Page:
The COVID 19 pandemic has had a great impact on all facets of our lives, from how we socialise to how we work, and everything in between. As well as the devastating human cost, the pandemic has also ravaged world economies, forcing governments to introduce measures to protect, as best they can, businesses in their country. Rishi Sunak, Chancellor of the UK has announced his Winter Plan in his recent budget speech, aiming to maintain social distancing but with an effort to keep the economy afloat, especially on the run up to Christmas. This comes as a relief to some sectors such as retail, but for others an atmosphere of uncertainty remains as we approach the festive season. Let’s take a closer look at the Winter Plan and what it might mean for your business.
What is the Winter Plan?
As the UK approaches the end of its second lockdown, Rishi Sunak has announced the government’s plan to keep businesses trading as much as possible, as well as minimising disruption to the public’s preparations for Christmas. The UK will be operating on the three-tier system (details below), meaning that some non-essential businesses will be allowed to open. This will bring a huge sigh of relief from small or independent businesses – those allowed to open include leisure facilities, gyms, hair and beauty salons, and many shops. Limited numbers of spectators will be permitted to enter sports events, and weddings will be allowed.
Bars and restaurants
Socialising is being limited by the tier system rolled out across the UK, and bars and restaurants are dismayed by the Chancellor’s announcement. However, to contain the virus these drastic measures appear to be necessary.
The three-tier system is as follows:
Tier 1: everyone will be encouraged to minimise travel and work from home where possible
Tier 2: alcohol may only be served in hospitality settings as part of a substantial meal;
Tier 3: bars and restaurants closed except for delivery and takeaway, all other indoor entertainment prohibited.
This obviously has huge repercussions for the hospitality industry, with bars, restaurants and pubs facing an increasingly uncertain future, especially as it is still unclear which regions of the country will be assigned which tier. Every 14 days the situation will be reviewed. For pubs and bars in tier 1 where drinking is allowed, last orders are now at 10pm, with the establishment closing by 11. The rule of 6 will still apply.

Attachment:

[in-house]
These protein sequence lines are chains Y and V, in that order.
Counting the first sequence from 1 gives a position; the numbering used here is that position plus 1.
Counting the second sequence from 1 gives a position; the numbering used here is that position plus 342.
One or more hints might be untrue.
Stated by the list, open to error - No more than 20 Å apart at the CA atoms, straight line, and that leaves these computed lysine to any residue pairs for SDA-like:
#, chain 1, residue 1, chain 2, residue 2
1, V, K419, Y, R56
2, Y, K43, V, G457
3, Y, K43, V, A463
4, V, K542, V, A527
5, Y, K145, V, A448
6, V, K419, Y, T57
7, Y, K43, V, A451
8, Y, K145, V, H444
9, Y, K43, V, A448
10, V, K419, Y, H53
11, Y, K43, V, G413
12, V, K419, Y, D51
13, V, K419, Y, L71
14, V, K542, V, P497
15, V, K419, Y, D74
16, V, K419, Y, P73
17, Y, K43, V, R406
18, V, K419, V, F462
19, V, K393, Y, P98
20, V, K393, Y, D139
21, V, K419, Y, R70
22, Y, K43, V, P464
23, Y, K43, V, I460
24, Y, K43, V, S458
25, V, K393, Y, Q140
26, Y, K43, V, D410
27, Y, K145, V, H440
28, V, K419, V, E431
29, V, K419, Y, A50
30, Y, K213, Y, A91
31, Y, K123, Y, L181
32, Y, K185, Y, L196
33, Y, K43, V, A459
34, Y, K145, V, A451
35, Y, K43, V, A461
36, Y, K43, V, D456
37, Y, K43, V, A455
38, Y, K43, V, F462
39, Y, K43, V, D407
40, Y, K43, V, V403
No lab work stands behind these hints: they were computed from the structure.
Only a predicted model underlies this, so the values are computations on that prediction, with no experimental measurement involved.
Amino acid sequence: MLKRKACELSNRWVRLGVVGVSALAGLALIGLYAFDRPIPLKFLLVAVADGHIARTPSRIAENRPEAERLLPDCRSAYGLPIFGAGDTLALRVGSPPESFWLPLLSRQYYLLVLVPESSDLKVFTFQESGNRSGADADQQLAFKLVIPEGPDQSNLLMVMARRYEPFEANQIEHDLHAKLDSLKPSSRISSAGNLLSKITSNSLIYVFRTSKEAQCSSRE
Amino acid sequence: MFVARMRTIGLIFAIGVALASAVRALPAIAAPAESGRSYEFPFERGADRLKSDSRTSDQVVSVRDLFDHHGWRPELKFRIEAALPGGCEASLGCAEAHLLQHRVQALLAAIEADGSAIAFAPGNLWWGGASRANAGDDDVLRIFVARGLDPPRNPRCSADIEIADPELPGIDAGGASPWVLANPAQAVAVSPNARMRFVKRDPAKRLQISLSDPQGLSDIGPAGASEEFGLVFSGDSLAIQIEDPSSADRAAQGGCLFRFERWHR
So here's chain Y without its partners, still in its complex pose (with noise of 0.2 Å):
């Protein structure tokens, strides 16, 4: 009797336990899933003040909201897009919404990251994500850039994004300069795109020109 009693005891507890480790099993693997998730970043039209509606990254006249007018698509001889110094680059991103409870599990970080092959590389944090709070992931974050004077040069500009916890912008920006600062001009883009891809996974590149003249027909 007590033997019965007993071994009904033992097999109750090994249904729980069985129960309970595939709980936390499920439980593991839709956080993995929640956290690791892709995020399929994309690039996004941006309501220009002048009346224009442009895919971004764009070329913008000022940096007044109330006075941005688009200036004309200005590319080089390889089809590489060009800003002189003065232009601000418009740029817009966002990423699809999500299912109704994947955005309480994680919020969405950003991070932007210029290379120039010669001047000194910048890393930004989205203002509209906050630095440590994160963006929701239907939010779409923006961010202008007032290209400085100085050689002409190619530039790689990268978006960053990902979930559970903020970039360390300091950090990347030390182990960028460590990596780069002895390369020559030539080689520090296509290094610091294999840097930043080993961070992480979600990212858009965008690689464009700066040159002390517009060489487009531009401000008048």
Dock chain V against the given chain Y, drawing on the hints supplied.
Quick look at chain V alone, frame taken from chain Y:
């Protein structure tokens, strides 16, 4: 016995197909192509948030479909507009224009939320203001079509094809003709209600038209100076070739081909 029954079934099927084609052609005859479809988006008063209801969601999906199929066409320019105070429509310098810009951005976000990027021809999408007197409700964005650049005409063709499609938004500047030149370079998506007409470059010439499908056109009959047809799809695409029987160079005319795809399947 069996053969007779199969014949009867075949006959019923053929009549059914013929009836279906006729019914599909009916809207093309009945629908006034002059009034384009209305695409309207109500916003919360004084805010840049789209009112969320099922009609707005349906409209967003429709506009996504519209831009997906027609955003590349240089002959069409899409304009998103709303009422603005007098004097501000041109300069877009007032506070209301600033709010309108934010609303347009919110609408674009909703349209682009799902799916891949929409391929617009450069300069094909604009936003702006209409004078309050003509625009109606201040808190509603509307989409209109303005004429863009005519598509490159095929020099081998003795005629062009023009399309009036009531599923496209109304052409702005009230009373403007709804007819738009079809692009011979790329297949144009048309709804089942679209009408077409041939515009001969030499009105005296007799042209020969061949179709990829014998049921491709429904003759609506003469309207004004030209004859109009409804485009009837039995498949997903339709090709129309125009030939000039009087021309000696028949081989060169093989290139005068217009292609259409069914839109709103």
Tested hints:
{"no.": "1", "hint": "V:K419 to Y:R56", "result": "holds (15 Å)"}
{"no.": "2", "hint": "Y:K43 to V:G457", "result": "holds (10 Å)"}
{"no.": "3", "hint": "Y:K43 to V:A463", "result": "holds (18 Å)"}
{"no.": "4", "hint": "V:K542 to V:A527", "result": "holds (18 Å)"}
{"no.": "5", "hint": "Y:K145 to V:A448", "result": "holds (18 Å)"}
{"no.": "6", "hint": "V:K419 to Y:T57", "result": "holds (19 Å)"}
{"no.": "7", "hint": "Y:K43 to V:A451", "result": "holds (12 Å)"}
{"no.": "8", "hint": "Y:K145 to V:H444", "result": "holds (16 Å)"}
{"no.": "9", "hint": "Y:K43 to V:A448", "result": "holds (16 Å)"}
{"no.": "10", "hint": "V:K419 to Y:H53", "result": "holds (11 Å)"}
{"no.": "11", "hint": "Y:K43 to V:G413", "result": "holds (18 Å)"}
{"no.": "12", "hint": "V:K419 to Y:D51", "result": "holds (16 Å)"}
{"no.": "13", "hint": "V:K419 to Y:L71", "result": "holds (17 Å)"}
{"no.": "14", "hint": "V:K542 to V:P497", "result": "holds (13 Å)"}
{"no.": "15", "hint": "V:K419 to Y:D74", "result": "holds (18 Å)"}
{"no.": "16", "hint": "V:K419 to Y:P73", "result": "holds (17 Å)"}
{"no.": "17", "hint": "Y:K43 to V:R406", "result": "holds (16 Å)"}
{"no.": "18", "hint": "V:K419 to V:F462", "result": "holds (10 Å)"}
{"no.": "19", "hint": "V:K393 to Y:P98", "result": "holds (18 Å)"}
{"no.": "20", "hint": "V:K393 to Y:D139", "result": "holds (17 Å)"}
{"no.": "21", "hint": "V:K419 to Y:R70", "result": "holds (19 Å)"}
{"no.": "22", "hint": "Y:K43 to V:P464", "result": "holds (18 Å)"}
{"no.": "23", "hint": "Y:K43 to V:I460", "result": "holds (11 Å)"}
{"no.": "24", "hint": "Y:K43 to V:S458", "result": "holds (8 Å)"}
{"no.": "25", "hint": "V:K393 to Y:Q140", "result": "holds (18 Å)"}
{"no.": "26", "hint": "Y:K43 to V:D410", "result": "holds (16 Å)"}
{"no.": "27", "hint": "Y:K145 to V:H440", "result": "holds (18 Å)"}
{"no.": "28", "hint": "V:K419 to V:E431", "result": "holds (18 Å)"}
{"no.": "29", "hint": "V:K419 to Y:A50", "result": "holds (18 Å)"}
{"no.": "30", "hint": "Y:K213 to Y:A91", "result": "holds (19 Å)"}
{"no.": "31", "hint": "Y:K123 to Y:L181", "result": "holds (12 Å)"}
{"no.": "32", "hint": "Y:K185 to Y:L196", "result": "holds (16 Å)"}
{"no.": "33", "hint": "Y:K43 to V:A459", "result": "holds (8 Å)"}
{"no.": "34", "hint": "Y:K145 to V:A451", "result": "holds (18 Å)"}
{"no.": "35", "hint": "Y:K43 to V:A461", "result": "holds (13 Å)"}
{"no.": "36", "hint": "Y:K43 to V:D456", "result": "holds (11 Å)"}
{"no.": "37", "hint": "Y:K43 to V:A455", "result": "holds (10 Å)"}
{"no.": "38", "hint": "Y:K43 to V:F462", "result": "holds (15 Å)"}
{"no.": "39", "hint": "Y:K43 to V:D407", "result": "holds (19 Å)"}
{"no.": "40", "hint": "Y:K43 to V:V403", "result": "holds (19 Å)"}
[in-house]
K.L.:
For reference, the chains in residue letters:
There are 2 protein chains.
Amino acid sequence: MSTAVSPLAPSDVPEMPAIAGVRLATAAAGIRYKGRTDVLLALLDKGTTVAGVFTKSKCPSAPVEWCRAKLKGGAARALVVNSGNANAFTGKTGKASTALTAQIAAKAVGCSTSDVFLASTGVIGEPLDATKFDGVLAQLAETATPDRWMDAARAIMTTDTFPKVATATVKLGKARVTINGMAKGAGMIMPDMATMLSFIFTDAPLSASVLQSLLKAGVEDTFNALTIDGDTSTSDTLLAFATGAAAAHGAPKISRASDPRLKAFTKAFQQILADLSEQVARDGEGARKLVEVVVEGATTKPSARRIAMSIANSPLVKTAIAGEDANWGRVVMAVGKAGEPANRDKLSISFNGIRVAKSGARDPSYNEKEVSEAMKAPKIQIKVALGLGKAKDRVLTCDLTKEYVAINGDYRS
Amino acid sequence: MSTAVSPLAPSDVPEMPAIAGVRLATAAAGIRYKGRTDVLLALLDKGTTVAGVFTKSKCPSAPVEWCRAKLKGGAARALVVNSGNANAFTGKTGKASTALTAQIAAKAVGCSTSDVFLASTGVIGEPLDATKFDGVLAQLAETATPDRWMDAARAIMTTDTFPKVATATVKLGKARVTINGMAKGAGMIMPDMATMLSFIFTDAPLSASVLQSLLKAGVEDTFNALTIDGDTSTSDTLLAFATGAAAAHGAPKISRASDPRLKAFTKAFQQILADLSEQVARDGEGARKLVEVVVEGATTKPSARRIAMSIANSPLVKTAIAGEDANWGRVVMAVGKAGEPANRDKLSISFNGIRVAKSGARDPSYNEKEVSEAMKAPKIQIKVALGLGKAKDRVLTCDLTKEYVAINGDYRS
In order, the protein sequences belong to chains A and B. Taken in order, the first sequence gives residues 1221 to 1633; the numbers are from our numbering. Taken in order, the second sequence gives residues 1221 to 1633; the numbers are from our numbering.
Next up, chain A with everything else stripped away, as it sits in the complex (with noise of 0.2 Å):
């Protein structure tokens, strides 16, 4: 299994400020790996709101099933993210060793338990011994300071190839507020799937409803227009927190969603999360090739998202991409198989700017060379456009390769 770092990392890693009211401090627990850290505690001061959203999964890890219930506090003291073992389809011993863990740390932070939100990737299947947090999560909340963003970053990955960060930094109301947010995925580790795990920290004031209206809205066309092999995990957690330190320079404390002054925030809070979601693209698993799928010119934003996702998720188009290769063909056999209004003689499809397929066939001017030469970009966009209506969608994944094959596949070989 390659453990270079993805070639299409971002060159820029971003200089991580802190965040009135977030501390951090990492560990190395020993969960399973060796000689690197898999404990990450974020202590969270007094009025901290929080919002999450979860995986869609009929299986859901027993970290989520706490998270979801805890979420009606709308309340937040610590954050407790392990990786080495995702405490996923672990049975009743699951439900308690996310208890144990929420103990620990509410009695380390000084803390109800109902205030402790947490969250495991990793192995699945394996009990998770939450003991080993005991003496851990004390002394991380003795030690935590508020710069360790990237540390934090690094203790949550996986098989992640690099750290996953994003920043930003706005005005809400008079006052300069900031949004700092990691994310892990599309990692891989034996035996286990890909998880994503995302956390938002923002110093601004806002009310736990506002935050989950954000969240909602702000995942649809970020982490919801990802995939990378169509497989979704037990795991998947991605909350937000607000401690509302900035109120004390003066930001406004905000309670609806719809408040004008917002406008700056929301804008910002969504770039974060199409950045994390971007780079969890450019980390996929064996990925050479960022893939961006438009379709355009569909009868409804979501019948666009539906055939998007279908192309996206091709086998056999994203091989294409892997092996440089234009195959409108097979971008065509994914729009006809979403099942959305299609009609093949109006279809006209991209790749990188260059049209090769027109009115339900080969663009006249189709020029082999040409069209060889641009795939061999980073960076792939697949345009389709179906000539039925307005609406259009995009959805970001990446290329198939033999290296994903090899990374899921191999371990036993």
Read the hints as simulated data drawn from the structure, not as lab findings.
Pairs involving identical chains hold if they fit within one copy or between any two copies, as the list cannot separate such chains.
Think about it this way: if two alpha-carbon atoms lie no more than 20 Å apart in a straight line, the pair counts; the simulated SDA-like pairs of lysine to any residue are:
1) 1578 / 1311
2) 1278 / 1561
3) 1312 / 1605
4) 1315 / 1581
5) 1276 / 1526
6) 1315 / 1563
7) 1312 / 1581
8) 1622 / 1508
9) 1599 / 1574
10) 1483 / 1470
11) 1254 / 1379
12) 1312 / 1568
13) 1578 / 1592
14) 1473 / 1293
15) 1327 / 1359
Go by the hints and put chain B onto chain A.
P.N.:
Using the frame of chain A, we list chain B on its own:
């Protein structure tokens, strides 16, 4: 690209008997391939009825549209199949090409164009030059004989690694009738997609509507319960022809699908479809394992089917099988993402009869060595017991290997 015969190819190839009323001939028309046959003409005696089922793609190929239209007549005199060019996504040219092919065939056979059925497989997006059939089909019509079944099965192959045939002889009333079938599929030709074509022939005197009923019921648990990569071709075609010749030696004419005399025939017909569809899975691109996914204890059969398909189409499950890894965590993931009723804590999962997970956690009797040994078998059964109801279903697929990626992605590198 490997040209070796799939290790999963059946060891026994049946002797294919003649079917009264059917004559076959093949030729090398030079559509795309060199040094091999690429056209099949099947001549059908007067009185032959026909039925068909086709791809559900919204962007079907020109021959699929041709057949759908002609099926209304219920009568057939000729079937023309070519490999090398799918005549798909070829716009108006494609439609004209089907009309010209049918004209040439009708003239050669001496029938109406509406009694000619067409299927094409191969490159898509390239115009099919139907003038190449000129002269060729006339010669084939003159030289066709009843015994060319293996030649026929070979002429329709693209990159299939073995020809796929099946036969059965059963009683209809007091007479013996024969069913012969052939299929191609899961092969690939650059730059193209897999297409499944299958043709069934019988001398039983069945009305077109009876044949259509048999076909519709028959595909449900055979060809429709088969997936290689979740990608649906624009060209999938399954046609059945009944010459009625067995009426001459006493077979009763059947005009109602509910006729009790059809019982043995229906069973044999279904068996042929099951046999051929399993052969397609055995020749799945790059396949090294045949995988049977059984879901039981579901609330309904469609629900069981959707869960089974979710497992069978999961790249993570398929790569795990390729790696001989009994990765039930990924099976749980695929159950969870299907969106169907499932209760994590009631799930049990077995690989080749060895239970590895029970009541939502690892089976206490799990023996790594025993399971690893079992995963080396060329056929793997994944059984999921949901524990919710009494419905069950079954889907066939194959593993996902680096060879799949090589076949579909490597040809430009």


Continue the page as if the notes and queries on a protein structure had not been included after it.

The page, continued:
Some areas of the economy have been hit more than others, and some have mixed fortunes. Small businesses can be vulnerable at the best of times, so are particularly hard hit by the pandemic. Marketing companies provide a good example – while digital marketing channels have dominated the way we promote products, there was still a good case for using traditional printed materials, and many companies are still in production. However, even though shopping has returned under the Winter Plan, people are not eager to pick up and physically interact with materials, wary of infection. However – like many other sectors – the print industry knows it has to adapt to the pandemic and survive it. The government has announced schemes which will offer a lifeline to companies which may be at risk.
Support for small businesses
As part of the Winter Plan, Sunak announced that some pre existing schemes were being adapted or extended to combat the economic effects of the pandemic. The Job Support Scheme (JSS) is a follow up to the Coronavirus Job Retention Scheme, which will transition in early December. There are two types, the JSS Open which is for companies not required to close, but who may experience a dramatic downturn of business due to the restrictions, and the JSS Closed, for companies required to cease trading. For self-employed and freelance workers, the Self-Employed Income Support Scheme has been updated, and VAT payments are being deferred. The terms of ‘bounce back’ loans being issued to small businesses have been updated, and the ‘pay as you grow’ scheme offers recipients of those loans the opportunity to extend the repayment window from six to ten years.
As Britain and the rest of the world brace themselves for a hard winter, the government is desperately trying to limit the damage to the economy. But until the pandemic is over, the future looks anything but certain, especially for small businesses.